The DACHS study is an ongoing population-based case–control study located in southwest Germany with comprehensive assessment of clinical and epidemiological data. Patients with a histologically confirmed first CRC diagnosis with their first residence in the study region were eligible for this study if they were at least 30 years old, physically and mentally able to participate, and able to speak German. The patients included in this analysis were recruited between 2003 and 2007 in all 22 hospitals of the study region offering CRC surgery. The patients gave information during a face-to-face interview conducted by a trained interviewer. The standardized questionnaire included questions on sociodemographic status, lifestyle and reproductive factors, as well as the family history and medical history of the patients. In addition, discharge letters and pathology reports and, if applicable, endoscopy reports of previous colorectal endoscopies were collected. This part of the study was covered by the ethical approval mentioned above.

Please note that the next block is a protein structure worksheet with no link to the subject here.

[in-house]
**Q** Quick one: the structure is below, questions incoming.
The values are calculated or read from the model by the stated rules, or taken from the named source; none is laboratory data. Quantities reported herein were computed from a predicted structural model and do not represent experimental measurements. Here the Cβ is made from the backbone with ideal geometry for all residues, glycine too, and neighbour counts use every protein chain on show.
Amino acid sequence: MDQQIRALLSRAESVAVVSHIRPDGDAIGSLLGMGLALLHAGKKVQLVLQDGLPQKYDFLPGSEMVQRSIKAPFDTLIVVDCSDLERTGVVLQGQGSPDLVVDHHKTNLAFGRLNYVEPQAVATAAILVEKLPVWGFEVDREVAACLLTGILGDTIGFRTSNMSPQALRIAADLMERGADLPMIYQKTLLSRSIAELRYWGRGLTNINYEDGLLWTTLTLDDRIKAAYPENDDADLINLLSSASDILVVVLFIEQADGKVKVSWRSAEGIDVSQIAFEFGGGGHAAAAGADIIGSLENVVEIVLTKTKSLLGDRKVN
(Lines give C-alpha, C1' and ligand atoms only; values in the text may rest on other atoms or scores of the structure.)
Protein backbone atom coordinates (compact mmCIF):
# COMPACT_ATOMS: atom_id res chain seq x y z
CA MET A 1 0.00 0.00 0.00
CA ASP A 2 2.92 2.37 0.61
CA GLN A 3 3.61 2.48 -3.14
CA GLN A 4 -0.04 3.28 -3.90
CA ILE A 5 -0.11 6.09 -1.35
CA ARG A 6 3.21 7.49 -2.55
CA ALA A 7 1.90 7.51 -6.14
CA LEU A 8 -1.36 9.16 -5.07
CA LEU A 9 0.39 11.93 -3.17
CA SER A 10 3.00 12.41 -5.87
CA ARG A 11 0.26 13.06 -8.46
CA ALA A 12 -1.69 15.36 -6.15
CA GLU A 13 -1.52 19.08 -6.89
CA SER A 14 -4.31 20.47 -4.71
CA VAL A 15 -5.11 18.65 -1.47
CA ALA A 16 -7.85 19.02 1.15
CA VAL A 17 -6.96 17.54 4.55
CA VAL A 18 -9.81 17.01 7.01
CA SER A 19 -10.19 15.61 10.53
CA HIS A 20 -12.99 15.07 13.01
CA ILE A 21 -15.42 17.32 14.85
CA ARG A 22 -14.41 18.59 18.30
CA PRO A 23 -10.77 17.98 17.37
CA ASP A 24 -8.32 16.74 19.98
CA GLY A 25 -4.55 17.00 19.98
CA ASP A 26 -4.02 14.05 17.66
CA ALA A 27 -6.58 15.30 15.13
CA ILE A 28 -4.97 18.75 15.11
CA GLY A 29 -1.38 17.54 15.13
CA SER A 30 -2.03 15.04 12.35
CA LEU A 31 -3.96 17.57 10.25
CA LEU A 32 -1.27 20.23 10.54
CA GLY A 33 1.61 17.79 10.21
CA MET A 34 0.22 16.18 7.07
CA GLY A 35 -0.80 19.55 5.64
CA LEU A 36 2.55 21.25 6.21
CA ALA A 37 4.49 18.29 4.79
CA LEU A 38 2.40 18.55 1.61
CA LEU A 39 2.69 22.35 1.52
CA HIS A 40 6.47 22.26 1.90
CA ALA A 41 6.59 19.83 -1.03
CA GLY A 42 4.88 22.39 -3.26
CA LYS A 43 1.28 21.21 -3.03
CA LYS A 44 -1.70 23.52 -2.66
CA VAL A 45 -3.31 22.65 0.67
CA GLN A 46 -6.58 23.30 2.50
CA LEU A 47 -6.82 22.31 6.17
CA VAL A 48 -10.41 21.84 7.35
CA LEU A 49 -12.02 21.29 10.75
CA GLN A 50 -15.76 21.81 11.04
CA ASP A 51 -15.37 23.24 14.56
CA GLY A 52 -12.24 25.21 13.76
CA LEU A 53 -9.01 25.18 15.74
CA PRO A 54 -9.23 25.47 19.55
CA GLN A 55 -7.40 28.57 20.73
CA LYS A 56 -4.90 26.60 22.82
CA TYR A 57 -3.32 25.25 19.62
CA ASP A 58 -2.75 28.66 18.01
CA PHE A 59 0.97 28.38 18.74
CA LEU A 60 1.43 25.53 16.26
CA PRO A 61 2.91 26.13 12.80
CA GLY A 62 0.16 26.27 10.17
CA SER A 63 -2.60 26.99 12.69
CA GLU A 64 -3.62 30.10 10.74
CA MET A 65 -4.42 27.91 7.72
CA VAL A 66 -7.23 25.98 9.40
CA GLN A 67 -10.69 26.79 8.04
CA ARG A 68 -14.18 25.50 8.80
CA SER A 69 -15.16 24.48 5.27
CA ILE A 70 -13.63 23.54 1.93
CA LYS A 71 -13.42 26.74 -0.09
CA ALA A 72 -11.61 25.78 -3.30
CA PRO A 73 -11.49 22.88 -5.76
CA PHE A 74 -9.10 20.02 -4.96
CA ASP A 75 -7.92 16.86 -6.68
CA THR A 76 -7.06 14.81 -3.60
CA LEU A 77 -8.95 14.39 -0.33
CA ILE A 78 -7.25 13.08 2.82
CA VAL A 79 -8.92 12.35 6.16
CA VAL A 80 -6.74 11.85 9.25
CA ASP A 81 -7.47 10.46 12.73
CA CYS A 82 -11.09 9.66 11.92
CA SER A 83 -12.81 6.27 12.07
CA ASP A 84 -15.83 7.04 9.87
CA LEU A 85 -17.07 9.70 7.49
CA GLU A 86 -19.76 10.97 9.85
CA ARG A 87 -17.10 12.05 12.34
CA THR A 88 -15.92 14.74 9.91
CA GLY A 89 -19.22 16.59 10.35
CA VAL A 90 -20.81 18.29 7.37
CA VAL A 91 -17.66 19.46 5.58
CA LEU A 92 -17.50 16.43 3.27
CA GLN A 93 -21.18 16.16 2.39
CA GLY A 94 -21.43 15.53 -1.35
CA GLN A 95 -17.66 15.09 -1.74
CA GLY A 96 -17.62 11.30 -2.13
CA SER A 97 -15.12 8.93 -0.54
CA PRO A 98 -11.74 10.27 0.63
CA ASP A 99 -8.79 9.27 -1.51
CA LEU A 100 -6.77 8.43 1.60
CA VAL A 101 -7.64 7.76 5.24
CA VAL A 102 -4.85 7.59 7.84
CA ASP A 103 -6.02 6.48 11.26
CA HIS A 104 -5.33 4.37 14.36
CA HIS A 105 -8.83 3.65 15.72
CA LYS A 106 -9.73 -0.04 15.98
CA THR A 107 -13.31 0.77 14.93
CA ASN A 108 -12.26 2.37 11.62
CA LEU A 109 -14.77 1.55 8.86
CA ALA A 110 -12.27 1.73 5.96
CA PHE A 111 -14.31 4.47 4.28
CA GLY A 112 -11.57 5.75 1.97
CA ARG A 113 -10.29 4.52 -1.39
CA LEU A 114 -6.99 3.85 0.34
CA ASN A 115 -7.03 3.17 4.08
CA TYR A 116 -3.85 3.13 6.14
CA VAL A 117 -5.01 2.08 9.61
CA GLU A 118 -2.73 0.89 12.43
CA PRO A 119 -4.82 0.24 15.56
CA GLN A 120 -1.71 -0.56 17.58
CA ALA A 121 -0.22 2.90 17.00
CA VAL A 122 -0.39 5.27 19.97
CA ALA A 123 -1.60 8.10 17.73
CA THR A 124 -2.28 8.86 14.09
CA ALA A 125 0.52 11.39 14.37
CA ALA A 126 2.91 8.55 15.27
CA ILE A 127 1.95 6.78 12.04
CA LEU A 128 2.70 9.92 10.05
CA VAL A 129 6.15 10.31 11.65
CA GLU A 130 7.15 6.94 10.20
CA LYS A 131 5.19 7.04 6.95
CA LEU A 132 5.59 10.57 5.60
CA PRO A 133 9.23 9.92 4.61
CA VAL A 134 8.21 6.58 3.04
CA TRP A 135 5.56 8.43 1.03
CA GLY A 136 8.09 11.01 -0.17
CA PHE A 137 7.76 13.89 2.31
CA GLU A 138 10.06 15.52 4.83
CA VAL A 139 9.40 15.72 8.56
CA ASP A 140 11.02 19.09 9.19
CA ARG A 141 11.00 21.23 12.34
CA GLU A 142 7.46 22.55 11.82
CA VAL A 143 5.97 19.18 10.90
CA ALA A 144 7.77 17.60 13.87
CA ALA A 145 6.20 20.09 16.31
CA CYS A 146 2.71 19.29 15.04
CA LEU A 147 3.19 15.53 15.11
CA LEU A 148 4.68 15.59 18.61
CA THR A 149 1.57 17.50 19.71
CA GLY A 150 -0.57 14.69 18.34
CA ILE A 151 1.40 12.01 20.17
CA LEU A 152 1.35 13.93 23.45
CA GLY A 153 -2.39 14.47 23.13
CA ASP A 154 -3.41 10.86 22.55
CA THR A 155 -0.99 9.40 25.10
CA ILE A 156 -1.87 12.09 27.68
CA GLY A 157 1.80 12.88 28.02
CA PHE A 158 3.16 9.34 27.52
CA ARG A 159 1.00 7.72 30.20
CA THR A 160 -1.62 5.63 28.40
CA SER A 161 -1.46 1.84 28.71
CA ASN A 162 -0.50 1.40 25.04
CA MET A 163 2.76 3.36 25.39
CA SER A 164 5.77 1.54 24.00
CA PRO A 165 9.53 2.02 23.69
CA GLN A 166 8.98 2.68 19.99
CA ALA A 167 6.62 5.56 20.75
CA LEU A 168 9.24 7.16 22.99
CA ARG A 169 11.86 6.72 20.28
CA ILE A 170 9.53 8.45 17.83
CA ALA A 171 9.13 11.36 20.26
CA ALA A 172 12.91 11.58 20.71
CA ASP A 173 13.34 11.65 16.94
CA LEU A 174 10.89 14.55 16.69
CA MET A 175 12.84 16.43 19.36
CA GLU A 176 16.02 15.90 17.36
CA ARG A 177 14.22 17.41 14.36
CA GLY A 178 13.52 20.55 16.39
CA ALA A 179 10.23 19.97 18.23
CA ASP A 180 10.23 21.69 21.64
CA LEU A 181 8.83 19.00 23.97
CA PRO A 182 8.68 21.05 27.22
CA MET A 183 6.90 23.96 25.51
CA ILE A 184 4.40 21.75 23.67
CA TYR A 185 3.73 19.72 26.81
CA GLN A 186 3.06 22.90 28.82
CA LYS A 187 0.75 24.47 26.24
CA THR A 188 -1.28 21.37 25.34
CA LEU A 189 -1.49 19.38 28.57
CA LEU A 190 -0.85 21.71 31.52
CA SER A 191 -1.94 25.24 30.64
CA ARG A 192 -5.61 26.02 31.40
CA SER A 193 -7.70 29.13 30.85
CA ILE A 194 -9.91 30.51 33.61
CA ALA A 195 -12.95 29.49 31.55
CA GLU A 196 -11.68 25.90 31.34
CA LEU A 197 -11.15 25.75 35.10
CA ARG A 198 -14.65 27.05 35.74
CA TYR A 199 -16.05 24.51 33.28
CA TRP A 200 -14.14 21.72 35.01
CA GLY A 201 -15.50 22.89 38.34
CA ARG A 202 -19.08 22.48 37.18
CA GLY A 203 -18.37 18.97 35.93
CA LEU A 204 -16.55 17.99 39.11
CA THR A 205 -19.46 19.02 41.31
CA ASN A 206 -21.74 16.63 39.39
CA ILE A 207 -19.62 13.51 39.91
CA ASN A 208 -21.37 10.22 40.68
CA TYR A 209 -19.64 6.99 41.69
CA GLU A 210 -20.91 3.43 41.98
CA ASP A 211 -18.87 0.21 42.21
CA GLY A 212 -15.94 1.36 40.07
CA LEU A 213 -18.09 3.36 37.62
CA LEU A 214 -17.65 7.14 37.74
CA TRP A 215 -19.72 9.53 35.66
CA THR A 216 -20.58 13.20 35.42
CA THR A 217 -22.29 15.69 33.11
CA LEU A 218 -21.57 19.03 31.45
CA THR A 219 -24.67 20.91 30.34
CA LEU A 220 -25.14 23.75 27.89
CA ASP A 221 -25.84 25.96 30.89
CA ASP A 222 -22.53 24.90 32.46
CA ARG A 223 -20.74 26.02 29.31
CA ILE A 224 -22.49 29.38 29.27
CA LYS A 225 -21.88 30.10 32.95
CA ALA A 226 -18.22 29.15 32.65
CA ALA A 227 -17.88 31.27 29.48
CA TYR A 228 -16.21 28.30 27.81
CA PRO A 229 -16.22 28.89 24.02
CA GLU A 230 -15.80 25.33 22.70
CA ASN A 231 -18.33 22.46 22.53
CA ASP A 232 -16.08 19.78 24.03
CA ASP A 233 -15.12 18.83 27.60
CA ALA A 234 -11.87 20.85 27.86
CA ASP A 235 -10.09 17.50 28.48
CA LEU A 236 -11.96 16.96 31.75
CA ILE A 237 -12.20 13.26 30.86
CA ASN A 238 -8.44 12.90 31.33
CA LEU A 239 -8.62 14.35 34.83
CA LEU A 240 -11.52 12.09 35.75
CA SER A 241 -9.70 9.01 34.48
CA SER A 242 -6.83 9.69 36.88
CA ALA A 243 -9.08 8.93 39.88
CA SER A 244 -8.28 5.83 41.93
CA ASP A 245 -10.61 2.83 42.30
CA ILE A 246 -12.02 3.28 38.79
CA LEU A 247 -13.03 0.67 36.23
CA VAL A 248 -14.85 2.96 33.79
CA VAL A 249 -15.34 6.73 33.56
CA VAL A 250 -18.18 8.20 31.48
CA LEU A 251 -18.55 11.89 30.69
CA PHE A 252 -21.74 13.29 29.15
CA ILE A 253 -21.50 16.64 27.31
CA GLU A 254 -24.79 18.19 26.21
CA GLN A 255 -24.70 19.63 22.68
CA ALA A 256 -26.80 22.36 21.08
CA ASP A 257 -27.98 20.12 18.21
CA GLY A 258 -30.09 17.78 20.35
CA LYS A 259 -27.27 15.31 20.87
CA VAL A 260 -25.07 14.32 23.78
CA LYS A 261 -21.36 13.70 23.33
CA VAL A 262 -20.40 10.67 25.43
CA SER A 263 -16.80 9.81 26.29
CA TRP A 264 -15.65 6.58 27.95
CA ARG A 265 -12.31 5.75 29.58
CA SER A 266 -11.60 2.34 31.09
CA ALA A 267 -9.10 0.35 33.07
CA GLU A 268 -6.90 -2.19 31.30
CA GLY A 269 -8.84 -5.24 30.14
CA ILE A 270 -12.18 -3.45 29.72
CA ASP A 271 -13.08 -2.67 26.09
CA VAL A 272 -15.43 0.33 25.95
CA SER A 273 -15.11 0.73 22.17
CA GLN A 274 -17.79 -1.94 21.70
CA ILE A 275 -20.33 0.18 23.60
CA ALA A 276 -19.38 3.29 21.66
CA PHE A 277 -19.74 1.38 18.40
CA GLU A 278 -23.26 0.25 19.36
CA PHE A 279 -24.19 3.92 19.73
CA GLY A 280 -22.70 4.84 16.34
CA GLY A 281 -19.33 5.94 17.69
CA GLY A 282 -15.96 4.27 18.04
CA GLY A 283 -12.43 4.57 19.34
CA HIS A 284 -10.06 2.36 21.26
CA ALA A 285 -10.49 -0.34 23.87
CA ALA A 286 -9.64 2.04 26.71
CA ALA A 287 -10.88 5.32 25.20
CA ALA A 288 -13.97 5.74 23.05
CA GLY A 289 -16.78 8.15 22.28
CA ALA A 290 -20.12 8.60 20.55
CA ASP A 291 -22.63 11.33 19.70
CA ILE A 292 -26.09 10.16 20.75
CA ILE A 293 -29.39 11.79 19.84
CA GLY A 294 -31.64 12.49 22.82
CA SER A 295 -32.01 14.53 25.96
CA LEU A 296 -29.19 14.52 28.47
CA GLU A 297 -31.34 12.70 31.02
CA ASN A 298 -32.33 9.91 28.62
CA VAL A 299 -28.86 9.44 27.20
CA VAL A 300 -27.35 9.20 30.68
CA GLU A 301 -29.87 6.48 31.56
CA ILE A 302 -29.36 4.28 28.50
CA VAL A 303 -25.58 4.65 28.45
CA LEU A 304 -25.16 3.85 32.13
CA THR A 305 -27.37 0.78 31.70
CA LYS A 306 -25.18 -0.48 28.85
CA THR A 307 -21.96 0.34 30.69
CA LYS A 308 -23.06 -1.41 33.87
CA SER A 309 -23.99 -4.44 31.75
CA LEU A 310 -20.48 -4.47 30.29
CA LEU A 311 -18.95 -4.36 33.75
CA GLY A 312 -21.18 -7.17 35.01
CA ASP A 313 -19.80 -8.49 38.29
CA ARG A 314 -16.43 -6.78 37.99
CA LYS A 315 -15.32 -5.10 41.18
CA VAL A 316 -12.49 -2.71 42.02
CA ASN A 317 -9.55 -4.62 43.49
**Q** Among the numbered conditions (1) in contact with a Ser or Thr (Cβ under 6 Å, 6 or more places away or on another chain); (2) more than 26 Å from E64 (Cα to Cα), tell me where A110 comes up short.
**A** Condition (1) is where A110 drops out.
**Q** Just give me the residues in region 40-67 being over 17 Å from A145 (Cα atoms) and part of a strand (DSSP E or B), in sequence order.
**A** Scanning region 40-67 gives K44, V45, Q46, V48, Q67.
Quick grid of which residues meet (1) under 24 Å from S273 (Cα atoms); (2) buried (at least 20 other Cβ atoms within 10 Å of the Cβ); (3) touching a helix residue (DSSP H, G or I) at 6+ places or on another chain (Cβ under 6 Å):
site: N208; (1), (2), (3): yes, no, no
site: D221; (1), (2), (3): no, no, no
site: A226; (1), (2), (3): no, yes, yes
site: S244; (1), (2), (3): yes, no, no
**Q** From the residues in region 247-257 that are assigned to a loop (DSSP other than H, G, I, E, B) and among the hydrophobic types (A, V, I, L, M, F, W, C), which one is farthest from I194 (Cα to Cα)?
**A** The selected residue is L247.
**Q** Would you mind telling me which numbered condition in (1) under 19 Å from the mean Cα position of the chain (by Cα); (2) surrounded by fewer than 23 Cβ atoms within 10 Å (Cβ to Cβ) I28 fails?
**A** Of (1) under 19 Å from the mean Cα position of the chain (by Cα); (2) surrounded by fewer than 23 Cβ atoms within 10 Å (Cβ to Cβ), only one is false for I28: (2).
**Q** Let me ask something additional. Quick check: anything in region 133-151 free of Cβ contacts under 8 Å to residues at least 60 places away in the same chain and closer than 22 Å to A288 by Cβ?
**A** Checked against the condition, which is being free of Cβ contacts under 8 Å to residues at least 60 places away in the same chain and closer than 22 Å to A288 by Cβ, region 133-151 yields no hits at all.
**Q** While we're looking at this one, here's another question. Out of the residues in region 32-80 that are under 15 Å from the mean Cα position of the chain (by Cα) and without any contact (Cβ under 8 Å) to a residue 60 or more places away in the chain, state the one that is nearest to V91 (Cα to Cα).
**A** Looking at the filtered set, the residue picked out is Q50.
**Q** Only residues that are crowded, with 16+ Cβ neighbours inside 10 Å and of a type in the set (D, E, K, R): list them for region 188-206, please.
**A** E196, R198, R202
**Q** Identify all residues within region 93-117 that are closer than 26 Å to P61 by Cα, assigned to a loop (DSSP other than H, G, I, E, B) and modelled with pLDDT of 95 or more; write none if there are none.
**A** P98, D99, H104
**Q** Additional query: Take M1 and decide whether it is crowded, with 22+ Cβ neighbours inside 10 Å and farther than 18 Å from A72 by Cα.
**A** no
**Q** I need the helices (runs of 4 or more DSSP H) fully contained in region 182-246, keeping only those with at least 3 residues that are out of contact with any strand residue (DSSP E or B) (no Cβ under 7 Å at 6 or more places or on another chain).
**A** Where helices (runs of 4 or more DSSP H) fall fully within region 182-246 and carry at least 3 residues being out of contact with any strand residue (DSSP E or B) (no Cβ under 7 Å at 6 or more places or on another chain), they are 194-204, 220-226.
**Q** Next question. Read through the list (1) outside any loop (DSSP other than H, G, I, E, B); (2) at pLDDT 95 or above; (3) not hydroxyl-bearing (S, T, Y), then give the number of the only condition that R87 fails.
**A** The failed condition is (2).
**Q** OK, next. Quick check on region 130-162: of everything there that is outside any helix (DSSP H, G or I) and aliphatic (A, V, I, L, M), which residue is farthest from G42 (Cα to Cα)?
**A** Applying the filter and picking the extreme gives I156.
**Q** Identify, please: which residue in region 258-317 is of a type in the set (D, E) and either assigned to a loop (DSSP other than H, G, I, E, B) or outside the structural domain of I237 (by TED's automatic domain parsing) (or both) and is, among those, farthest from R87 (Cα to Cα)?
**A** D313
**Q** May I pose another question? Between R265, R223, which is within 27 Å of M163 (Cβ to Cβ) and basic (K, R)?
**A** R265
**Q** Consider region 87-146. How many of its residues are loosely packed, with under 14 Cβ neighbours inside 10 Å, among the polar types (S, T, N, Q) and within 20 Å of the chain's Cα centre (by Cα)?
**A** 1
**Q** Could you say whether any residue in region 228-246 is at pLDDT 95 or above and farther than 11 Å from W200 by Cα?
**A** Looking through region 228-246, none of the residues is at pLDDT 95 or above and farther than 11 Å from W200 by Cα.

Formalin-fixed paraffin-embedded surgical specimens were requested from the pathology departments of the cooperating clinics and transferred to the tissue bank of the National Center for tumour Diseases in Heidelberg, where tumour tissue was incorporated into tissue microarray blocks. Written informed consent was obtained from every patient, including the assignment of tumour tissue from patients with CRC.